Melbourne Uni’s Growing Green Guide celebrated at the Premiers Sustainability Awards

Congrats to the folks behind the Growing Green Guide for picking up the education award at the 2015 Premiers Sustainability Awards for Victoria. Developed by the University of Melbourne in partnership with Inner Melbourne Action Plan and the State Government, the guide is a must-read for anyone looking to create a green wall, roof or facade. The guide is even available as a free download so you can fill your head with all kinds of knowledge at the click of a button. Find it through the Growing Green Guide website here.

Benefits of green buildings:

Stumbling upon a green wall whilst exploring a city is a real gem, but apart from the obvious aesthetic benefits, there are so many more reasons why green buildings just make sense. Here's a few reasons outlined by the Growing Green Guide as to why green buildings are the go:

Source: The University of Melbourne | Pursuit

1 | Increase the value of property

Installing a green wall or rooftop terrace can give the property an edge over the competition and make property values bloom. There is so much unused potential for rooftop gardens and green walls and with the right planning, you could turn your building into a local landmark. Green roofs also make for very durable surfaces, protecting from solar radiation and adding insulation through vegetation and soil substrate.

2 | They help to manage rainwater

By absorbing rainwater, green roofs retain and maintain stormwater runoff and can help filter out any pollutants. Water can be stored in and evaporate from the substrate or foliage of the plants, reducing the amount of water ending up in the stormwater system.

3 | They're great for insulation and environmentally-friendly temperature control

Especially during hotter months, green roofs, walls and facades can shade the surface of the building, reducing the amount of heat absorption so that there is less of a need to turn on air conditioning, therefore saving on carbon emissions.

4 | Creating cooler cities

Whilst concrete, brick and glass collect the sun's heat and radiate it slowly back into the atmosphere, shading a surface with vegetation instead provides cooling effects when water is evaporated from the soil and plants, lowering surrounding temperatures in the process. If this were to happen on on a city-wide scale, the negative consequences of urban heat islands could be greatly reduced.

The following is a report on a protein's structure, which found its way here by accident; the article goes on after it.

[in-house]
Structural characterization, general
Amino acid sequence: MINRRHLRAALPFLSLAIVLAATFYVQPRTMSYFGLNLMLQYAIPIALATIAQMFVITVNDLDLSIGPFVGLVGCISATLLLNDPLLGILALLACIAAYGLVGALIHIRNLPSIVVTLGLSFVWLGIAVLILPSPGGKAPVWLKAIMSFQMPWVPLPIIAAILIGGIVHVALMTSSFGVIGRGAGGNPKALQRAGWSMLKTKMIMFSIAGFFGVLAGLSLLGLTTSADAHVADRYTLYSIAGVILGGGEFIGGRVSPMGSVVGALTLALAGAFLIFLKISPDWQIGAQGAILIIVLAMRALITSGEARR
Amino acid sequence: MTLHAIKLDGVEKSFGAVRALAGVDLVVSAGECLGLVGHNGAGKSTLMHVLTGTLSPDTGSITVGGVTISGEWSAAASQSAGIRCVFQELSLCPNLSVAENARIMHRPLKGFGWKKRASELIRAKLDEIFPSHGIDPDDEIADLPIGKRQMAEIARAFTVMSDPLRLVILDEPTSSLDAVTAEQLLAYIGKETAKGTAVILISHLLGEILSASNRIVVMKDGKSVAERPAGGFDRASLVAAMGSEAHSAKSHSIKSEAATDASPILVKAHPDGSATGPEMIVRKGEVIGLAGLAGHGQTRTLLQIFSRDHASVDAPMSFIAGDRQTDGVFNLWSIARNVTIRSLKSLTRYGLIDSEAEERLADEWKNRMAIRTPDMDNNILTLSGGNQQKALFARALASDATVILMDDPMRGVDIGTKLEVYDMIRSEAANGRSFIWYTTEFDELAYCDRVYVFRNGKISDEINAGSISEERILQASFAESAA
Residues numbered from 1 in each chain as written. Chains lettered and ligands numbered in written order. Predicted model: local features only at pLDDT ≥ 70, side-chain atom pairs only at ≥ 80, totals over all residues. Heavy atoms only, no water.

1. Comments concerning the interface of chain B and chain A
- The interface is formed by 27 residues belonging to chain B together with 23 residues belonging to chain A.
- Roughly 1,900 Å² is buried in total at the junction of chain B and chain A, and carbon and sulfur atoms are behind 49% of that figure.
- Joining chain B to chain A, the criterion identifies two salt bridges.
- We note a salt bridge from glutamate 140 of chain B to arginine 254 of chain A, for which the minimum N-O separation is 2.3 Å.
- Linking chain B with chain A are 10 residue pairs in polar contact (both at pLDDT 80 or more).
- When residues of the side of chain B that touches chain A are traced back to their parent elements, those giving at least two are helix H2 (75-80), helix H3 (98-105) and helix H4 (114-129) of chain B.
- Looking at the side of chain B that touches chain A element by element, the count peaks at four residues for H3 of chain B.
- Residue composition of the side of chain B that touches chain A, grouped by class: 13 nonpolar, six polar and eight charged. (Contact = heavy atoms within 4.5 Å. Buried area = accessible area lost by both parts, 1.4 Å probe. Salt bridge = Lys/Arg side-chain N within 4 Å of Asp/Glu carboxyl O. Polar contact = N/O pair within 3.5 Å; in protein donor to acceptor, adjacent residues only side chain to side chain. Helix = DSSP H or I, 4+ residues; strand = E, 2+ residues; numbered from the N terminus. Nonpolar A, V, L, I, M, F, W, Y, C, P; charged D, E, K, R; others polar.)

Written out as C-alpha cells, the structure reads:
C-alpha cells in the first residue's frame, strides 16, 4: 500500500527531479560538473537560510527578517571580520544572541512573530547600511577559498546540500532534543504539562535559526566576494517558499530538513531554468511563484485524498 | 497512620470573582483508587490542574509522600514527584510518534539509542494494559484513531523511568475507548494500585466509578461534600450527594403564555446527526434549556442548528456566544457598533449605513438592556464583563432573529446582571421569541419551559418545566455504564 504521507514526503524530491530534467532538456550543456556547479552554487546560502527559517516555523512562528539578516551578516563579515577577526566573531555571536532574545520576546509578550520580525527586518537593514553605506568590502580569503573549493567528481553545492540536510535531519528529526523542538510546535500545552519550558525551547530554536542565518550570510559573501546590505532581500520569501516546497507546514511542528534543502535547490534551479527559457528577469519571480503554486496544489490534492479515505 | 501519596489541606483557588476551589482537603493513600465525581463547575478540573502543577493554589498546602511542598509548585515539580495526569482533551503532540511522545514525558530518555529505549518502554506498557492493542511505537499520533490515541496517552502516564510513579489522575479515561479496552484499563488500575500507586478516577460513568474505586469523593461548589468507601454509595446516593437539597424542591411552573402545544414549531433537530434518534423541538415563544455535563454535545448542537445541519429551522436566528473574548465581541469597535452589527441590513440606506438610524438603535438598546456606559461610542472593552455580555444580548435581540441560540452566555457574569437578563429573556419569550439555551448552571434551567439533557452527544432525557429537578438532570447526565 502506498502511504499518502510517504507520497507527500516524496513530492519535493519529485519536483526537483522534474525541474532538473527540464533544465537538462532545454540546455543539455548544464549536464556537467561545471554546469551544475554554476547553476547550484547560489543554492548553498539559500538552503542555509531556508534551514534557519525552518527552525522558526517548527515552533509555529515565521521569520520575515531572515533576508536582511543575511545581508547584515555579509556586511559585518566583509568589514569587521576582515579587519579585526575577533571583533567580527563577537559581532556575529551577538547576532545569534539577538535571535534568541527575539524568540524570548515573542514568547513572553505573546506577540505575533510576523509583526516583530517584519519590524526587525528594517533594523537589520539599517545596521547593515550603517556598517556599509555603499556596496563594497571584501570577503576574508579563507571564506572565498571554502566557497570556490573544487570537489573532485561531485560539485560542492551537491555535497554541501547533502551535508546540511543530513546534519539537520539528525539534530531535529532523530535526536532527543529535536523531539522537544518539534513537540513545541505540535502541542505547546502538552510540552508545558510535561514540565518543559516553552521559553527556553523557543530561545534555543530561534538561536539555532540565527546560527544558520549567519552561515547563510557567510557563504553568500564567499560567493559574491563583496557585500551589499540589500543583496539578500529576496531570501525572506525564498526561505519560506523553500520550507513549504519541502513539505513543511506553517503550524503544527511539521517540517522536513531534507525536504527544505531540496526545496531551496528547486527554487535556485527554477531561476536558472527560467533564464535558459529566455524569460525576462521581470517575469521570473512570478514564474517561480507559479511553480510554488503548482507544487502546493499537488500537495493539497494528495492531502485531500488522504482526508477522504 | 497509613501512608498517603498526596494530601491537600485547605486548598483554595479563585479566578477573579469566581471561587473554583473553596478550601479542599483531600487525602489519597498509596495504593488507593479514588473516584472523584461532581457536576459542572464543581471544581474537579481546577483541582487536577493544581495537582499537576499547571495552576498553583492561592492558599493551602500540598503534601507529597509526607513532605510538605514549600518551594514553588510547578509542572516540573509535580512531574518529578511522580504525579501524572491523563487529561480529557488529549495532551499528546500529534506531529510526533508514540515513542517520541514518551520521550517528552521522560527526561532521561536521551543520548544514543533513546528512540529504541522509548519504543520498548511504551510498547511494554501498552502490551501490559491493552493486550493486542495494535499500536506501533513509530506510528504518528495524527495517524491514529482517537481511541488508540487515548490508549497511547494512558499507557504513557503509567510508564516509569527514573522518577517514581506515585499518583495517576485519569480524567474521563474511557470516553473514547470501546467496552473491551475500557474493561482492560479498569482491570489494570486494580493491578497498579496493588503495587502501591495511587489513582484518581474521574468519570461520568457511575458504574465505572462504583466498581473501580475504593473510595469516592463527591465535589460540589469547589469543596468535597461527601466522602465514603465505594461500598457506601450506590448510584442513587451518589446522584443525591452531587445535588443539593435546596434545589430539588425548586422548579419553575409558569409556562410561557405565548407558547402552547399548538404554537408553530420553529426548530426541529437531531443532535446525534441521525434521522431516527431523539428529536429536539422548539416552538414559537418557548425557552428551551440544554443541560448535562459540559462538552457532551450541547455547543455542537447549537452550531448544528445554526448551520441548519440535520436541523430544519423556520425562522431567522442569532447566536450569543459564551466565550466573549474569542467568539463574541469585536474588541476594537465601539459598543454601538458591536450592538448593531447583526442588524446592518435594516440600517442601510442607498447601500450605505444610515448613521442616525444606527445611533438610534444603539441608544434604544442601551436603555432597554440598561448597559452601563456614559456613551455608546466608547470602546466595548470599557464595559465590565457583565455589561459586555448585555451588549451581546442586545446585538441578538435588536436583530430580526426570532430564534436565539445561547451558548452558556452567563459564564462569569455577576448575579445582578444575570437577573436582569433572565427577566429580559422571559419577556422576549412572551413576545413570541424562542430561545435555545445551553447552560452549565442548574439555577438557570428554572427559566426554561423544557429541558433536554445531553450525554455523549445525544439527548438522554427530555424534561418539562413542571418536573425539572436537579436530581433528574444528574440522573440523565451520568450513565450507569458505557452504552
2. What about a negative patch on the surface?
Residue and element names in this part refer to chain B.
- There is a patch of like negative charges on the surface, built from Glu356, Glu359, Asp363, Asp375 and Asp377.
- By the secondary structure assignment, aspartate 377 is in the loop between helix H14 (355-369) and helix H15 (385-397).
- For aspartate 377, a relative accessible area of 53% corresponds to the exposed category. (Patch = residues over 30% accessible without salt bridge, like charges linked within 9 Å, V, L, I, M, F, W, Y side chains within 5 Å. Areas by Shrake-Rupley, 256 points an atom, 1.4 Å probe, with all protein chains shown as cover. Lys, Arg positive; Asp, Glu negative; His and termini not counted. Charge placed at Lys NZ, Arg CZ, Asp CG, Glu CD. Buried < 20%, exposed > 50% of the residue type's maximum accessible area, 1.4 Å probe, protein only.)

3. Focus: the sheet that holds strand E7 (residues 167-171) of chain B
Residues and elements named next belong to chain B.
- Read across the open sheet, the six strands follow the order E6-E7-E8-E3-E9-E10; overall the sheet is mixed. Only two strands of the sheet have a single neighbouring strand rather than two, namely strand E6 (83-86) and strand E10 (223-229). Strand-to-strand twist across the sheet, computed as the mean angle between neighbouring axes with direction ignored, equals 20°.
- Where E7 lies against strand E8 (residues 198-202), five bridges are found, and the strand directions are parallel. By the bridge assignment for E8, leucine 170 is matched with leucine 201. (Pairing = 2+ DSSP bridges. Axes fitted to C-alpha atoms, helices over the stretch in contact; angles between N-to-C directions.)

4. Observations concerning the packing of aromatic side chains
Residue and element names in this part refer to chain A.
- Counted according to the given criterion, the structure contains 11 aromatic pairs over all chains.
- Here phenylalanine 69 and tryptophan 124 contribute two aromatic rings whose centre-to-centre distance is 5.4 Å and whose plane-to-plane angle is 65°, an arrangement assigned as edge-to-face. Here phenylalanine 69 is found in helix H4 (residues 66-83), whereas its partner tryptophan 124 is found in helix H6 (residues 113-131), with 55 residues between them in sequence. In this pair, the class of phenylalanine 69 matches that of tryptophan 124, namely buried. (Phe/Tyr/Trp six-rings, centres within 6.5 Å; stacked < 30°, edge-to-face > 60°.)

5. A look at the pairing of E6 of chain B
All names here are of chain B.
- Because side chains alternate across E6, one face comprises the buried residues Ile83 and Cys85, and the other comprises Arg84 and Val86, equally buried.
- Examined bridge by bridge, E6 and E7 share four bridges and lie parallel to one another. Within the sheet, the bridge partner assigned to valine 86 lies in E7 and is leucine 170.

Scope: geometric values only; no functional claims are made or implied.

5 | They help to protect animals' habitats, as well as biodiversity

Green roofs can provide a home for different species of wildlife and plants, providing a safe haven for birds during migration. Bonus: you can go birdwatching from your window!

6 | They provide a breath of fresh air

Plants with high foliage density or textured leaf surfaces are better at trapping and removing small, particulate pollutants from the air. Air quality can be enhanced both indoors and outdoors through large-scale greenery implementation, which can help reduce heat and associated photochemical pollutants that are produced at higher temperatures.

7 | They look amazing

Face it, a space that is alive with an abundance of blooming plants and fauna is hands-down awesome to look at! Designing spaces with (quite literally) room for growth increases amenity and provides the opportunity to grow food or create beautiful spaces for commercial ventures.

8 | Cities that embrace green open spaces are likely to be happier cities

It's a scientific fact! A study by the University of Exeter showed that living in areas with lots of green space impacts the overall wellbeing of those who live nearby, significantly lowering stress and contributing to higher life satisfaction.

Melbournians, you may be the most liveable city and know how to write an impressive guide to growing green roofs, walls and facades, but don't think us Sydney-siders don't know how to grow a mean green wall too. Check out our post on some incredible green building designs by Junglefy, the folks behind projects such as One Central Park:

We can't get enough of these amazing green spaces, so here's some more images we have found to further spark your inspiration:

Source: Garry Belinsky | Design Boom

Source: Danna | Curious Tangles

Source: Paolo Rosa

Header image: The Snap Assembly

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